Some businesses do not have an established Human Resources department. That’s where I come in. In terms of recruitment that is. I’m a missing piece in their puzzle. But who is managing all those other important HR matters? And what is the impact to the workforce in the absence of a HR department?
Often the size of an organisation will determine if they have a dedicated HR representative or team. Small businesses generally associate HR with transactional duties such as payroll and benefits. Larger organisations however engage in more strategic decision making and employee welfare functions. Clearly the bigger the business the more vital it is to have a HR department overseeing, or at least advising senior management, about recruitment and performance, learning and development, legal compliance and disciplinary action, policy development and ethics, and diversity and wellbeing activities that lead to a positive culture. A general rule of thumb is that once you employ your twenty-fifth employee, you need to look to engage someone to manage HR functions within.
The majority of organisations do have a HR team, or single employee dedicated to HR functions. Others designate HR responsibilities to staff members whose primary role falls within another realm inside the organisation. The danger of this is that while HR functions may seem to be accounted for, a staff member’s main responsibilities will take precedence. When no one is looking after the welfare of staff, an organisation is at risk of violating several employment laws. And in the absence of a dedicated HR professional, where does staff turn to for assistance?
Without effective HR practices, things can go very wrong and result in serious disruption to the workforce and business operations. Let’s propose a scenario for a moment. Employees who feel unsupported will soon become disgruntled. Absenteeism rises and productivity drops. At this time employees are more susceptible to outside offers where lucrative carrots that meet their needs are being dangled. Loyalty may hold the counteroffers at bay for a while, however a small, unfavourable occurrence may be all that is required to have them seriously considering continuing their career elsewhere. Remember, they’re already disgruntled. A small push and they topple over the edge. So one by one, they begin to jump ship. Soon you are facing a situation where a bulk of your knowledge and expertise has dissipated. Replacing the loss requires a heavy investment of time and money. And there is the slowing of forward momentum not to mention the negative mindset that has crept into your company culture. If only you had a HR manager to oversee the continued wellbeing of your workforce this situation may have been avoidable.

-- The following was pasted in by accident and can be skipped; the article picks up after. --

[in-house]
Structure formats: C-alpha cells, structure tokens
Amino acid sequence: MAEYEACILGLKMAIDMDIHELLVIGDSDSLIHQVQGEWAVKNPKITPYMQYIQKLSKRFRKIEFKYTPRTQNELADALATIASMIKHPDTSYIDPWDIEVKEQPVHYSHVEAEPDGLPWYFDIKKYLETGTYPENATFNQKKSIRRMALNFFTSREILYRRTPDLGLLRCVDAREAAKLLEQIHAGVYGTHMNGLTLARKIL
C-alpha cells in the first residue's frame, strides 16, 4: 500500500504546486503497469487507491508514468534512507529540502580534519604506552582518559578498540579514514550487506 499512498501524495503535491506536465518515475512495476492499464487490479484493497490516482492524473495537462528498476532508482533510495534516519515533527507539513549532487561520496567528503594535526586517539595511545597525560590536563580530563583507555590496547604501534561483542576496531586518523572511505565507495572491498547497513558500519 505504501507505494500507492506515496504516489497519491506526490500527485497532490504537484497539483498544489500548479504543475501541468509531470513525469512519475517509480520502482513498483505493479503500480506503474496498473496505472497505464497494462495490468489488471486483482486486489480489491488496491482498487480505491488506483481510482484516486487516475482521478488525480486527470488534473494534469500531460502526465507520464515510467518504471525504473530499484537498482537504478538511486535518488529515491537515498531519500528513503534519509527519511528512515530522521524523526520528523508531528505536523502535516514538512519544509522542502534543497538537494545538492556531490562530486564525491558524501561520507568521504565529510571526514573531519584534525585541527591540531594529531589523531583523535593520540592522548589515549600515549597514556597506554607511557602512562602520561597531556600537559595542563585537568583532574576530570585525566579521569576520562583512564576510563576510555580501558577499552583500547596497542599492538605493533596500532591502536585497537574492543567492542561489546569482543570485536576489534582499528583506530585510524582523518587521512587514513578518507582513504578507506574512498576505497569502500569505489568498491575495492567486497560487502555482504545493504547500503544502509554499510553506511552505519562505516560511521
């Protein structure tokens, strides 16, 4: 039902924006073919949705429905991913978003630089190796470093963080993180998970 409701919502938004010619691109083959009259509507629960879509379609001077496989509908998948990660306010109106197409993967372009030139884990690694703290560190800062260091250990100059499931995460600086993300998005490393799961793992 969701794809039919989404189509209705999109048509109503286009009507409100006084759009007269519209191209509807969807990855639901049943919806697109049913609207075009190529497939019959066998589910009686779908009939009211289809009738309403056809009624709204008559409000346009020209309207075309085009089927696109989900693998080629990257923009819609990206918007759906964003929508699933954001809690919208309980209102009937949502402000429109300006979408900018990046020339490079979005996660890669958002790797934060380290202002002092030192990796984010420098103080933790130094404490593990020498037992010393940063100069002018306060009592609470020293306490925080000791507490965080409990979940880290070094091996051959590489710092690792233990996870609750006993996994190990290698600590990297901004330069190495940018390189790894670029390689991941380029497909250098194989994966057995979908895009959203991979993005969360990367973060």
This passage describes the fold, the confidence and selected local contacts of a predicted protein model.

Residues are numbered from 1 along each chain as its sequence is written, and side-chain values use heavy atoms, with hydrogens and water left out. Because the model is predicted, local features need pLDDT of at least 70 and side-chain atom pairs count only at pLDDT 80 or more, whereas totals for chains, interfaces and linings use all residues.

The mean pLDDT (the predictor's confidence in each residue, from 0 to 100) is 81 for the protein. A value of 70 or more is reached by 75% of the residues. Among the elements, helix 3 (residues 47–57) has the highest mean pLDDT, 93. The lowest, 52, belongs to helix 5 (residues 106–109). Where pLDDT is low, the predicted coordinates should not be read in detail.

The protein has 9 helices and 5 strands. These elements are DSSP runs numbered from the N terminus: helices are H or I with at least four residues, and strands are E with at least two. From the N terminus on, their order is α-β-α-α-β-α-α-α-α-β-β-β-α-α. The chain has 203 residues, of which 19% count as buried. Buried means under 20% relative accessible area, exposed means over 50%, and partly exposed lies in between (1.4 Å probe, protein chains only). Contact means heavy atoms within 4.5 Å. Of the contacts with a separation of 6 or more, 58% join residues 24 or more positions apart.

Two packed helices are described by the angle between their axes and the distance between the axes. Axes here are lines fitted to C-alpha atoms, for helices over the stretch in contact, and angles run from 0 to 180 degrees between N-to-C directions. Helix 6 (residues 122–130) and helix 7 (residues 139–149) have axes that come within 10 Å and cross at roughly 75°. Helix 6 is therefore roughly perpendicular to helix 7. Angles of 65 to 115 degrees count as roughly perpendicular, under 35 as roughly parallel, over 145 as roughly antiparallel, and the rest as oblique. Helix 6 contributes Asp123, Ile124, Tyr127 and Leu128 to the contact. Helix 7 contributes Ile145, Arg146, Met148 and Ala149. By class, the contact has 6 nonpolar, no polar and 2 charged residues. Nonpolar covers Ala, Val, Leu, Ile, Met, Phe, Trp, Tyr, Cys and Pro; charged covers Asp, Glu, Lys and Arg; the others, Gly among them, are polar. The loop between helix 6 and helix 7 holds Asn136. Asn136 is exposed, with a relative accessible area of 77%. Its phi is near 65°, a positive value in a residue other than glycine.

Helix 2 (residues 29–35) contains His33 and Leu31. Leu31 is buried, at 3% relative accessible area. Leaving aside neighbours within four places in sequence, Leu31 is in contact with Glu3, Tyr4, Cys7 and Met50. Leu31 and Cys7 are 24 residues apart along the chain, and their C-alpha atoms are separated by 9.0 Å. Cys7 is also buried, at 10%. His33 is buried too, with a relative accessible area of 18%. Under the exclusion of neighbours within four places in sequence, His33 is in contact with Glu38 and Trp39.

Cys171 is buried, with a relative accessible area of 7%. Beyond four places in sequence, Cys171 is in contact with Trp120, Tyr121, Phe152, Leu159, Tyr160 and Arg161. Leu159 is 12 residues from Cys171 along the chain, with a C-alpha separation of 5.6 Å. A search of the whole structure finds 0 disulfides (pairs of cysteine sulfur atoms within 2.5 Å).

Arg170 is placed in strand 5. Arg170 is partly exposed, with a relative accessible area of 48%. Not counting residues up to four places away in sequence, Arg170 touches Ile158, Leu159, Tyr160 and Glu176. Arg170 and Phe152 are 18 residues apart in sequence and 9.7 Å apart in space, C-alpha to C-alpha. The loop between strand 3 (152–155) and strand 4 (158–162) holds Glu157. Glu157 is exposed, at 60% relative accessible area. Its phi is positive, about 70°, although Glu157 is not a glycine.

Your HR team is responsible for developing and promoting the organisation’s culture and ensuring staff are continuously engaged with it by echoing the behaviours and values that underpin its ethos. The company events HR initiate and manage further drives engagement and job satisfaction. I don’t think I need to explain to you the relationship between job satisfaction and employee retention. An effective HR manager will listen to employees. They will explore and address issues. They will ensure relevant laws are being applied correctly. They will offer the opportunity to release frustration and improve employee relations. In a nutshell, they will foster positive outcomes.
Human resources bridge the gap between senior management and the workforce. Yet HR only has as much power as senior management affords them. In a growing workforce a senior manager may spread themselves too thin managing their staff and their workload. This can negatively affect their ability to manage the company as a whole. Thus the larger the organisation, the more HR’s worth is proven.
An organisation that lacks human resource management may have difficulty developing and maintaining a stable relationship with employees. Yes, the size of the organisation will impact the presence of a HR team or representative, but in the absence of a HR department, the ultimate decision makers for everything become the company’s executive team. Is the executive team there to reside over every employee matter, or are they there to manage, resource and advance key business operations?